BLENDED LAND SEISMIC DATA ACQUISITION EMPLOYING DISPERSED SOURCE ARRAYS WITH VARIABLE SWEEP LENGTH
An array of seismic energy receivers is deployed at fixed locations across the length and width of a land surface area of interest. A land fleet composed of a number of vibratory swept frequency or vibroseis seismic energy sources is deployed at predetermined initial locations within the receiver array. The sources are arranged in groups which at their initial locations are spaced from other groups of the source fleet by an intergroup spacing distance representing a segment of the receiver array. Each of the vibratory sources in a source group is assigned within that group a designated specific length for its energy emissions and a frequency sweep band different from the other sources in the group. The sources in all groups concurrently emit energy at a succession of spaced, assigned locations as they are moved incrementally over their respective intergroup spacings. The responses of subsurface formations to the emissions from the sources are recorded as a blended seismic record by the fixed array of processors and made available for processing.
1. Field of the Invention
The present invention relates to conduct and organization of land seismic surveys where multiple swept frequency vibratory seismic sources are operating in an area of interest.
2. Description of the Related Art
Simultaneous sources or blended acquisition in seismic surveying with swept frequency vibratory or vibroseis sources can significantly improve the source productivity of seismic land crews and reduce the time and expense involved in conducting the surveys. The purpose of blended acquisition is to obtain well-sampled seismic wavefields and improved seismic imaging in a cost effective manner.
One simultaneous source land based acquisition method using swept frequency or vibratory sources was referred to as an independent simultaneous sweeping field acquisition technique, with each land survey crew located in the survey grid operating independently of the others. The apparent intent was to achieve a significant increase in acquisition efficiency coupled with superior image quality. One available service according to the independent simultaneous sweep method is that provided under the trademark ISS® of BP p.l.c. of the U. K.
Crosstalk occurs when there are other sources firing at different times and the energy arrives during the listen time for a vibroseis source. For the Independent Simultaneous Sources (ISS®) acquisition technology, the crosstalk is interference from other sources, and depends both on the time of initiation and distance separation. Often, the crosstalk can be severe due to the elimination of listening time.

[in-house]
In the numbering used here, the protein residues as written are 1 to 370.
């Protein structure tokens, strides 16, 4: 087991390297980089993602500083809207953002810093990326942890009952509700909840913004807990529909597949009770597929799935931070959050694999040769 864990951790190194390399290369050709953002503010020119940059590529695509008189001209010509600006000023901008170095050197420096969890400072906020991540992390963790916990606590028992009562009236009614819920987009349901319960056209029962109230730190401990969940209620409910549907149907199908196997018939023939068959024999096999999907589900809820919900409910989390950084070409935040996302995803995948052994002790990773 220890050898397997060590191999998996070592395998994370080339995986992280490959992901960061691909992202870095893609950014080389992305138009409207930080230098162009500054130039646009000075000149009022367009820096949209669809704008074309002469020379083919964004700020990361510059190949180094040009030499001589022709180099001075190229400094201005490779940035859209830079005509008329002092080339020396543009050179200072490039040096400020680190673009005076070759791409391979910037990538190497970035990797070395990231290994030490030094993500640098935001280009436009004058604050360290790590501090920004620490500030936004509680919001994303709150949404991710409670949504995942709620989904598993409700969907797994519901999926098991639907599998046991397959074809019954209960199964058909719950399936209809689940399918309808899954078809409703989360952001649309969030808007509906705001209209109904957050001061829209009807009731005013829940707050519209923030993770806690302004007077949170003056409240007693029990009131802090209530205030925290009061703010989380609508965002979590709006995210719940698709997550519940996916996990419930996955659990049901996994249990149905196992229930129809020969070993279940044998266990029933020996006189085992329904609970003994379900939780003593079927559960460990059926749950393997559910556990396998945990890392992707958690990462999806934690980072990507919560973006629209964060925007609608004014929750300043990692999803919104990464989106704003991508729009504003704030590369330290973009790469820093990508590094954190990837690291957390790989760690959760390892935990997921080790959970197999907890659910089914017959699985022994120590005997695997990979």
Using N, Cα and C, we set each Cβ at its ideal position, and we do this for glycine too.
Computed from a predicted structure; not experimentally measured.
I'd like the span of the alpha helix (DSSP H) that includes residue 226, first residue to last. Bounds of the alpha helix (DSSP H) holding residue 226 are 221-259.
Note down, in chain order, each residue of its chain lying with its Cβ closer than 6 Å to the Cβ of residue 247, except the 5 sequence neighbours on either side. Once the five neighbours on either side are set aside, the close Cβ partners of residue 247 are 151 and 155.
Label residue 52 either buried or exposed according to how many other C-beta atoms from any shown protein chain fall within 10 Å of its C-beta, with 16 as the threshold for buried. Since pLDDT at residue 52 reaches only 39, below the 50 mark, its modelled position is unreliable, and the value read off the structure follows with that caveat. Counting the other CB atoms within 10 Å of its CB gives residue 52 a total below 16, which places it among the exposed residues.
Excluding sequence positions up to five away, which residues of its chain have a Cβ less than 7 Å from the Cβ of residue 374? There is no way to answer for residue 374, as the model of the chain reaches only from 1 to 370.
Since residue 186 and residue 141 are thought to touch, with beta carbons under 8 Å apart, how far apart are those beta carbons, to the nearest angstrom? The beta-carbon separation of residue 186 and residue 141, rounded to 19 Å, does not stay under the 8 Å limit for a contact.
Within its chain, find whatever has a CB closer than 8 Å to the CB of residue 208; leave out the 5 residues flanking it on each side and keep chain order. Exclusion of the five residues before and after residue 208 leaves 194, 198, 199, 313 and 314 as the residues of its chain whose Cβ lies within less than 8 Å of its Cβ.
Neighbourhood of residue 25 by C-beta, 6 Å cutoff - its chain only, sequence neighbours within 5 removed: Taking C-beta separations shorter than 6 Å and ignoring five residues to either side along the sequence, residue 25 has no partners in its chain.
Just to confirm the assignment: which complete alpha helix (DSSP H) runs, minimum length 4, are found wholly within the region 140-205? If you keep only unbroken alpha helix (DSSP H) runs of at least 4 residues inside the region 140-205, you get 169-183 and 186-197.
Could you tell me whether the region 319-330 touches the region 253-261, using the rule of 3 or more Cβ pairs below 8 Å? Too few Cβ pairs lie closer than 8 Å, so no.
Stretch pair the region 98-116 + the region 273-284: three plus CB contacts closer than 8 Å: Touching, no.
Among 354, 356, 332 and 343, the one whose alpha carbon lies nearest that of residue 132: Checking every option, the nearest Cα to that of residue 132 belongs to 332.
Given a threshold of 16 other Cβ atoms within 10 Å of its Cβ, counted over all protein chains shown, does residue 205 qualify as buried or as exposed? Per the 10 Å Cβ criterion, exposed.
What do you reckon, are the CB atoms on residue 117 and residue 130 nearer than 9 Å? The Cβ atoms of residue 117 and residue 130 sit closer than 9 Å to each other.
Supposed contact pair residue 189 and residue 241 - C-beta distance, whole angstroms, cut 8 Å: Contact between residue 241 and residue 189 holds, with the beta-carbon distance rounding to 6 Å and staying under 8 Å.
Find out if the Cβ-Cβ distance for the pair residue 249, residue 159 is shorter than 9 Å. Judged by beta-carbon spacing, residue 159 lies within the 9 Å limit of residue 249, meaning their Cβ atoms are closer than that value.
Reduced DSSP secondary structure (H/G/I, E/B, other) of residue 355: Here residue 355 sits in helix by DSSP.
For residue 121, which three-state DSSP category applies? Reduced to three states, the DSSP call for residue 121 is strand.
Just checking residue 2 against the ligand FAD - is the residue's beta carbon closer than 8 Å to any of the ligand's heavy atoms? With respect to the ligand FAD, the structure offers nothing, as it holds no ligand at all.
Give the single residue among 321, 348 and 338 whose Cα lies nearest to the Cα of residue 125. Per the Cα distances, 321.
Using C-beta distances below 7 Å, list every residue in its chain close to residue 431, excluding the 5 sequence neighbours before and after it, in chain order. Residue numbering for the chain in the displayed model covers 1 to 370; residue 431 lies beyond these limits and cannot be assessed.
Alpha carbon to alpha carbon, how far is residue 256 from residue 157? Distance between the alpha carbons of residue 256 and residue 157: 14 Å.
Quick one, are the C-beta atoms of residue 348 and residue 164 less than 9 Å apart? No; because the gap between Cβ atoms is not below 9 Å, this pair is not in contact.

Another type of swept frequency surveying has been what is known as blended acquisition. There is, however, a risk in blended acquisition of interference between energy emissions of the vibroseis sources when their initiation times are nearly the same, or what is known as near-simultaneous sweeps. High productivity vibroseis survey methods also present the risk during the survey of interference or crosstalk between signals from different vibroseis sources.
One way of reducing interference in blended acquisition has been based on computer processing of the blended data after acquisition. This has included the randomization of source initiation timings such that the cross-talk noise can be attenuated in different domains (i.e., common-receiver, common-offset and cross-spread) using random noise attenuation and inversion based processing schemes.
Other land acquisition swept frequency blended acquisition systems included ones with the capability of continuously recording very wide receiver super-spreads with time-distance rules for source initiation. These have included both conventional flip-flop and slip-sweep productivity methods. More recent methods have included what are known as Distance-Separated-Simultaneous-Source (DS3) and Distance-Separated-Simultaneous-Slip-Sweep (DS4).
The choice of non-aggressive or aggressive time-distance rules depends on the ability of processing technology to suppress harmonic and crosstalk interference. The lowest risk of crosstalk and harmonic interference is achieved with flip-flop, DS3 or DS4 methods. Flip-flop acquisition is a ‘time-only’ rule with minimum time separation equal to the vibrator sweep plus recording listen time. DS3 acquisition is a ‘distance-only’ rule which allows one or more source groups to start simultaneously as long as they are separated by some specified minimum distance such that crosstalk occurs outside the recording listen time. DS4 acquisition is a ‘time-and-distance’ rule which allows one or more source groups to start simultaneously as long as they are all separated by some specified minimum distance and minimum slip-time.SUMMARY OF THE INVENTION